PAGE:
3. Though Christianity and the church has traditionally been an incubator for social and political movement in the Black community, it can also be an oppressive tool for White Supremacy. History tells us that the Bible and Christianity were used as tools to maintain control over Black slaves during slavery and sadly, much of that power dynamic prevails even today. By tying prosperity gospels to a pillar of gratitude, modern Christianity has convinced their congregations to give while practicing contentment with what they have. If you find it odd that the Christianity of lowly Jesus has minted mega-church millionaire pastors just remember that God wants you to be obscenely wealthy. If you aren’t that is simply His will for your life and the only way to better know God’s will is to give. Stay in your lane.
4. Conservatism reinforces patriarchy and misogyny. On its face conservatism is what its name suggests, a preservation of the old times however they have come to be remembered. As far as the Republican platform is concerned that usually entails a White heteronormative male orientation to the world to the detriment of everyone else. This prescriptive pecking-order of the sexes has been a bedrock of nearly all America’s cultural foundations and the evidence remains in Black culture. In order to heal and better the relationships between Black men and Black women we must free ourselves of debilitating patriarchal ideas and attitudes. As marginalized groups like women find new voices Conservatism has only further entrenched itself. For Black people this is not a way forward.
5. Conservatives view “assimilation” as a mode of upward mobility at the expense of Black culture. We all know that “assimilation into mainstream culture” is really coded vocabulary for assimilation into White culture. With Whiteness represented by the majority who have implemented the country’s social, political and financial hierarchies, the only way for Blacks to “assimilate” is to accept Whiteness as a default, which sadly we are all forced to do to varying degrees. Whites attempted to strip Blacks of their social and cultural heritage to enforce White dominance during slavery. Black families have fought for generations against that erasure yet it is still expected that the Black identity be abandoned to make ourselves more “mainstream.” To do so would be, in the least, a betrayal our heritage and at worst a recipe for cultural extinction.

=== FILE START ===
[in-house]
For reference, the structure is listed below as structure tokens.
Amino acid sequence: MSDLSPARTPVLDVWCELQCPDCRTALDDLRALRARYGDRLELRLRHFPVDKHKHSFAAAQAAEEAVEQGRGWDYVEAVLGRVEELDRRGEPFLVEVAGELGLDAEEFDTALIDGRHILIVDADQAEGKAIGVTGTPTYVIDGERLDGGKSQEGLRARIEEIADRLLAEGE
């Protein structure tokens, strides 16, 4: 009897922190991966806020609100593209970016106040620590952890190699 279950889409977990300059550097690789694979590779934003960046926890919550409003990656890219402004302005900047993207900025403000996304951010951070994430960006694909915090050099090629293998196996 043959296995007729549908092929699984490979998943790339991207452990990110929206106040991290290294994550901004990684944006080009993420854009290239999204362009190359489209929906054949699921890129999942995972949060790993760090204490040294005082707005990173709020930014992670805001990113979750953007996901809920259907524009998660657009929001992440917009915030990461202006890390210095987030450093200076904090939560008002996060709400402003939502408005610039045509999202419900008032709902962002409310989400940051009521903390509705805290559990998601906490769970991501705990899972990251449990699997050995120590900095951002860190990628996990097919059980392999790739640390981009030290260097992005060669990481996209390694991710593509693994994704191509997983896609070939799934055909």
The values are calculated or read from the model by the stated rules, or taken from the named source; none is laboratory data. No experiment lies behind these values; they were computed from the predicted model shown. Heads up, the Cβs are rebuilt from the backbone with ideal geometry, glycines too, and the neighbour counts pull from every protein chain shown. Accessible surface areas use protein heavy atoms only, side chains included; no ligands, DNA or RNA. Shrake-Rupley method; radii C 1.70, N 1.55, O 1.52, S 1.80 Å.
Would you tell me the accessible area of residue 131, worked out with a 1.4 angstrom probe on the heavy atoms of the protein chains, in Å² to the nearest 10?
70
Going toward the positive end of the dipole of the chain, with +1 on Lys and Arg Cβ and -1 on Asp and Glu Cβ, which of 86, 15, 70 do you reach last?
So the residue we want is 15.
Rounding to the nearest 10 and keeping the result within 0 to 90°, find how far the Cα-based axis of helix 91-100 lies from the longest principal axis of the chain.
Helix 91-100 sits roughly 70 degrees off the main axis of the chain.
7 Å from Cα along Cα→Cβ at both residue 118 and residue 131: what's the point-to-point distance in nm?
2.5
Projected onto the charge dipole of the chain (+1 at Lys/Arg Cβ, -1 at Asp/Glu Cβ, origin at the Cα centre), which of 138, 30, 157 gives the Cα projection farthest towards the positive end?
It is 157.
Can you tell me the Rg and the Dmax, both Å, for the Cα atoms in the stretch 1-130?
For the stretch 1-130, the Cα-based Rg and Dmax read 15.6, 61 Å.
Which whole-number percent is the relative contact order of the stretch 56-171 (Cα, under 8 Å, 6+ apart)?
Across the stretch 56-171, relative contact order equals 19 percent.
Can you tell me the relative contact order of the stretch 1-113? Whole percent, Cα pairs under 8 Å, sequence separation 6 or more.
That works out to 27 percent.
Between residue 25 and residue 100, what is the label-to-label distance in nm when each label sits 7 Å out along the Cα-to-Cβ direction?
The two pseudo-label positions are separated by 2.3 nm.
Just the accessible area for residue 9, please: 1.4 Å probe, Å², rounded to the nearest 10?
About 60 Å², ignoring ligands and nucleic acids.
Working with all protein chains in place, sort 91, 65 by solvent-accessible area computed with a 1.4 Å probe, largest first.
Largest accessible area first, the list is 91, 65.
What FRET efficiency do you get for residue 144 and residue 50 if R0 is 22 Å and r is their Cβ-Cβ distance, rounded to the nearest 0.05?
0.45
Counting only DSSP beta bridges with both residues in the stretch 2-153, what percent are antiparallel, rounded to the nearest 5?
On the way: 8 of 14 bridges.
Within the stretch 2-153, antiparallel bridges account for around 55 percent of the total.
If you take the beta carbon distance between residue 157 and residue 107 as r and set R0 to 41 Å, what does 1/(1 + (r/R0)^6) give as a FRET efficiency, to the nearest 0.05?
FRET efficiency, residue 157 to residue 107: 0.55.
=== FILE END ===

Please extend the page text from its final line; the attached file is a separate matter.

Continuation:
6. Republicans are doing nothing to help end mass incarceration. With more African-Americans entrapped by the prison today than were slaves a decade before slavery ended, mass incarceration has been deserving characterized as the new Jim Crow by Ohio State University Professor of Law Michelle Alexander. Racist and draconian practices within the penal system have branded hundreds of thousands of young Blacks as felons for minor offenses. This criminal status follows incarcerated persons back into society where their ability to find work is severely inhibited. When viewed against a backdrop of America’s school-to-prison pipeline it is no small wonder that more than half of African-American men under the age of 25 have been arrested.
This crisis has been met with deafening silence from the Republican camp. While leading Democratic candidates Hillary Clinton and Bernie Sanders have both taken care to incorporate the issue of mass incarceration into their platform, even passing recognition of the issue has been missing from the conservative end of the spectrum.